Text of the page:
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Tired of Peeing Your Pants?

Let’s face it ladies, we’re pretty awesome. I mean, we have the capability of growing a human inside of us! But…”with great power comes great responsibility”, right?

One of the biggest misunderstandings that our team encounters daily is the notion that once you have a child (or 2 or 3 or 4), it’s ‘normal’ to leak when you

laugh/cough/sneeze/run/jump. Well, we’ll let you in on a little a secret: IT IS NEVER NORMAL TO LEAK!! Even if you haven’t had children, leaking is not something you have to ‘learn to live with’.

“If every time you went for a run, fluid came out of your ear, you’d go get that checked, wouldn’t you?” – Kristen Parise, Owner of Blueberry Therapy

I think because, as women, we’re used to things coming out of our vagina (our periods, discharge, babies - what else do you have hiding up there?), we tend to normalize it. Also, let’s be real, it’s kind of an embarrassing topic to discuss, which is yet another reason why we may shy away from seeking help.

Urinary incontinence, the loss of bladder control, is a common and often

embarrassing problem. The severity ranges from occasionally leaking urine when you cough or sneeze to having an urge to urinate that's so sudden and strong you don't get to a toilet in time.

Though it occurs more often as people age, urinary incontinence isn't an inevitable consequence of aging. If urinary incontinence affects your daily activities, don't hesitate to see your doctor or pelvic health physiotherapist. The First-Line of defense against incontinence has been shown to be pelvic health physiotherapy.

Types of Urinary Incontinence

- Stress incontinence: Urine leaks when you exert pressure on your bladder by coughing, sneezing, laughing, exercising or lifting something heavy.

- Urge incontinence: You have a sudden, intense urge to urinate followed by an involuntary loss of urine. You may need to urinate often, including throughout the night. Urge incontinence may be caused by a minor condition, such as infection, or a more-severe condition such as a neurologic disorder or diabetes.

- Overflow incontinence: You experience frequent or constant dribbling of urine due to a bladder that doesn't empty completely.

- Mixed incontinence: You experience more than one type of urinary incontinence.

When To Seek Help

You may feel uncomfortable discussing incontinence, but it’s important to note that research shows incontinence affects up to 50% of all women and, through pelvic health physiotherapy, effective treatment can be had.

If incontinence is frequent or is affecting your quality of life, it's important to seek help before it starts to impact your daily activities and social interactions.

Causes of Urinary Incontinence

Urinary incontinence isn't a disease, it's a symptom. It can be caused by everyday habits, underlying medical conditions or physical problems. A thorough evaluation by a pelvic health physiotherapist can help determine what's behind your incontinence. Some common causes include:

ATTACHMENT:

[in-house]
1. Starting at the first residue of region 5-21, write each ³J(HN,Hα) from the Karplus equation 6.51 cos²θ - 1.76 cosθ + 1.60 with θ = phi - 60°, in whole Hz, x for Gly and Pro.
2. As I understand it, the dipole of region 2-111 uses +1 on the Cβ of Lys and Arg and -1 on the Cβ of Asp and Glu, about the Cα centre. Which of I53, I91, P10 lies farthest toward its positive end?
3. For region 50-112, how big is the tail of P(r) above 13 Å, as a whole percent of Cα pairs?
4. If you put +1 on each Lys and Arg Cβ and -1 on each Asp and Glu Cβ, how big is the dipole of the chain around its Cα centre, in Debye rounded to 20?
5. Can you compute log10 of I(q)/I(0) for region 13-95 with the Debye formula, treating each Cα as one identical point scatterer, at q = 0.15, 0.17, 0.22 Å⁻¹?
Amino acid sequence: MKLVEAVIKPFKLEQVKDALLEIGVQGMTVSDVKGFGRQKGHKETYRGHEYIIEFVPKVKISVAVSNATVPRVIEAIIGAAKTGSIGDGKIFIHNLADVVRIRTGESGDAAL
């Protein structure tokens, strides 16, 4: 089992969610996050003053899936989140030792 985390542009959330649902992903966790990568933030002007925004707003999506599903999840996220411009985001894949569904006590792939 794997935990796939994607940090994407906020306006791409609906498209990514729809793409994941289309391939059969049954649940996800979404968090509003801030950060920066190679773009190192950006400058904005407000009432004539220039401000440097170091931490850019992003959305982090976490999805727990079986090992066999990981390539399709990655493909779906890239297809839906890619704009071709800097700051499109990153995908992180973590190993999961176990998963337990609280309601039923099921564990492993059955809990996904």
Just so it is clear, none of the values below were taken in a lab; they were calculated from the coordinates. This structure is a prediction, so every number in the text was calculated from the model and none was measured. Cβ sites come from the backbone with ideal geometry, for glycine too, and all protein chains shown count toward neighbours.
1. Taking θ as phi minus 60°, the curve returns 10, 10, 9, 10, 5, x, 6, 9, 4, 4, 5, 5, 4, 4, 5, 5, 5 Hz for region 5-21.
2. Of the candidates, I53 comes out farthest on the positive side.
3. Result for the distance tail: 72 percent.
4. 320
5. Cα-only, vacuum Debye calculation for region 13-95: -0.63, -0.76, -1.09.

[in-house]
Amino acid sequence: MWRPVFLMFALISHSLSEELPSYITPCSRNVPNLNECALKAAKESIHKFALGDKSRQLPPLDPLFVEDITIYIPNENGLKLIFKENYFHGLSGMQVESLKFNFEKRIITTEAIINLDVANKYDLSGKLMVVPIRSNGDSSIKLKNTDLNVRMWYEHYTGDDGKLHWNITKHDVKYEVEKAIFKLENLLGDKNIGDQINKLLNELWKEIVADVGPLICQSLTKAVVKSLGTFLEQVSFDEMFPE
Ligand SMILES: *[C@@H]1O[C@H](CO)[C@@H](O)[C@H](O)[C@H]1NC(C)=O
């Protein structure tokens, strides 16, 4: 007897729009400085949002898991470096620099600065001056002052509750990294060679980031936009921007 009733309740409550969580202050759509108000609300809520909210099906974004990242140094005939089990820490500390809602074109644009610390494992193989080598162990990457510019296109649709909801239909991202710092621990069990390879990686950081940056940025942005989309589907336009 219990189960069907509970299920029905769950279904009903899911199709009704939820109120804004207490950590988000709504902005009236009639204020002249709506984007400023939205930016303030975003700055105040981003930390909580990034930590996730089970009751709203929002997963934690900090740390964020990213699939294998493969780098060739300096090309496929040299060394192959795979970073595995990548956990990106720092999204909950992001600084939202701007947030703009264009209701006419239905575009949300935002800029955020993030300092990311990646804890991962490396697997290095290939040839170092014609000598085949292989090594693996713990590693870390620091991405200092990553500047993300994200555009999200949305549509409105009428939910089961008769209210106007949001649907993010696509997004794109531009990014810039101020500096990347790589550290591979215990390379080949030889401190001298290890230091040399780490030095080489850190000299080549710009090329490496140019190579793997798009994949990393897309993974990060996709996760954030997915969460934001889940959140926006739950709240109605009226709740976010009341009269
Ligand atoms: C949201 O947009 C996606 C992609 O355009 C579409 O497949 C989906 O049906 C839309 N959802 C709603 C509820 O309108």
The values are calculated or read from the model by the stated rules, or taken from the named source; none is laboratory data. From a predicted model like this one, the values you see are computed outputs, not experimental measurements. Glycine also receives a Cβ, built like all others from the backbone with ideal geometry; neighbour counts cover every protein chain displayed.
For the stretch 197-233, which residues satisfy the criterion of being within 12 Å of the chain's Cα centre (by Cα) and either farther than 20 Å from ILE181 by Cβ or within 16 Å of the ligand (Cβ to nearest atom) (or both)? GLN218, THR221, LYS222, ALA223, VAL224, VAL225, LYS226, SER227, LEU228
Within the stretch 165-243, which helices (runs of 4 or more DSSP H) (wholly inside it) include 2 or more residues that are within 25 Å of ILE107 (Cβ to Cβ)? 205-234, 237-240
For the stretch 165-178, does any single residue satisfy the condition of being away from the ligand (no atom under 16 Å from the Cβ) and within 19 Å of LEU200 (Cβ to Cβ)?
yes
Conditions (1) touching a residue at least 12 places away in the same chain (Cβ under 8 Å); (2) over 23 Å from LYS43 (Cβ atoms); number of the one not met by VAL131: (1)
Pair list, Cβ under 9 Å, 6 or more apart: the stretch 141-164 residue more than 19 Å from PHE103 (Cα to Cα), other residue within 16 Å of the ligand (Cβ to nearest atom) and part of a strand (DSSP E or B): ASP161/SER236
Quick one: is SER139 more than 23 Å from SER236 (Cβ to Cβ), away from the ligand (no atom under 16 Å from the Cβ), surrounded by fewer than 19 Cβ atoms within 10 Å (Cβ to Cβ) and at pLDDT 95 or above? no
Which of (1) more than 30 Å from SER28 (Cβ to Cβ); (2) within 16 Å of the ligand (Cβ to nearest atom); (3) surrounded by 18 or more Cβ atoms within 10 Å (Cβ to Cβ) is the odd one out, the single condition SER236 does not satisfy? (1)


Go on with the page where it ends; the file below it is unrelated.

- Certain drinks, foods and medications may act as diuretics — stimulating your bladder and increasing your volume of urine.

- Easily treatable medical condition, such as UTI, that can irritate your bladder, causing you to have strong urges to urinate, and sometimes incontinence.

- Constipation: Since the rectum is located near the bladder and shares many of the same nerves, hard, compacted stool in your rectum causes these nerves to become overactive and increases urinary frequency.

- Pregnancy: Hormonal changes and the increased weight of the fetus can lead to stress incontinence.

- Childbirth: Vaginal delivery can weaken muscles needed for bladder control and also damage bladder nerves and supportive tissue, leading to a dropped (prolapsed) pelvic floor.

- Aging of the bladder muscle can decrease the bladder's capacity to store urine.

- Menopause: After menopause women produce less estrogen, a hormone that helps keep the lining of the bladder and urethra healthy.

- Obstruction: A tumor or urinary stone anywhere along your urinary tract can block the normal flow of urine, leading to overflow incontinence.

- Neurological disorders, such as Multiple sclerosis, Parkinson's disease, a stroke, a brain tumor or a spinal injury can interfere with nerve signals involved in bladder control, causing urinary incontinence.

Urinary incontinence isn't always preventable. However, to help decrease your risk:

- See a Pelvic Health Physiotherapist to determine the best exercises for you

- Maintain a healthy weight

- Avoid bladder irritants, such as caffeine, alcohol and acidic foods

- Eat more fiber, which can prevent constipation, a cause of urinary incontinence

- Don't smoke, or seek help to quit smoking

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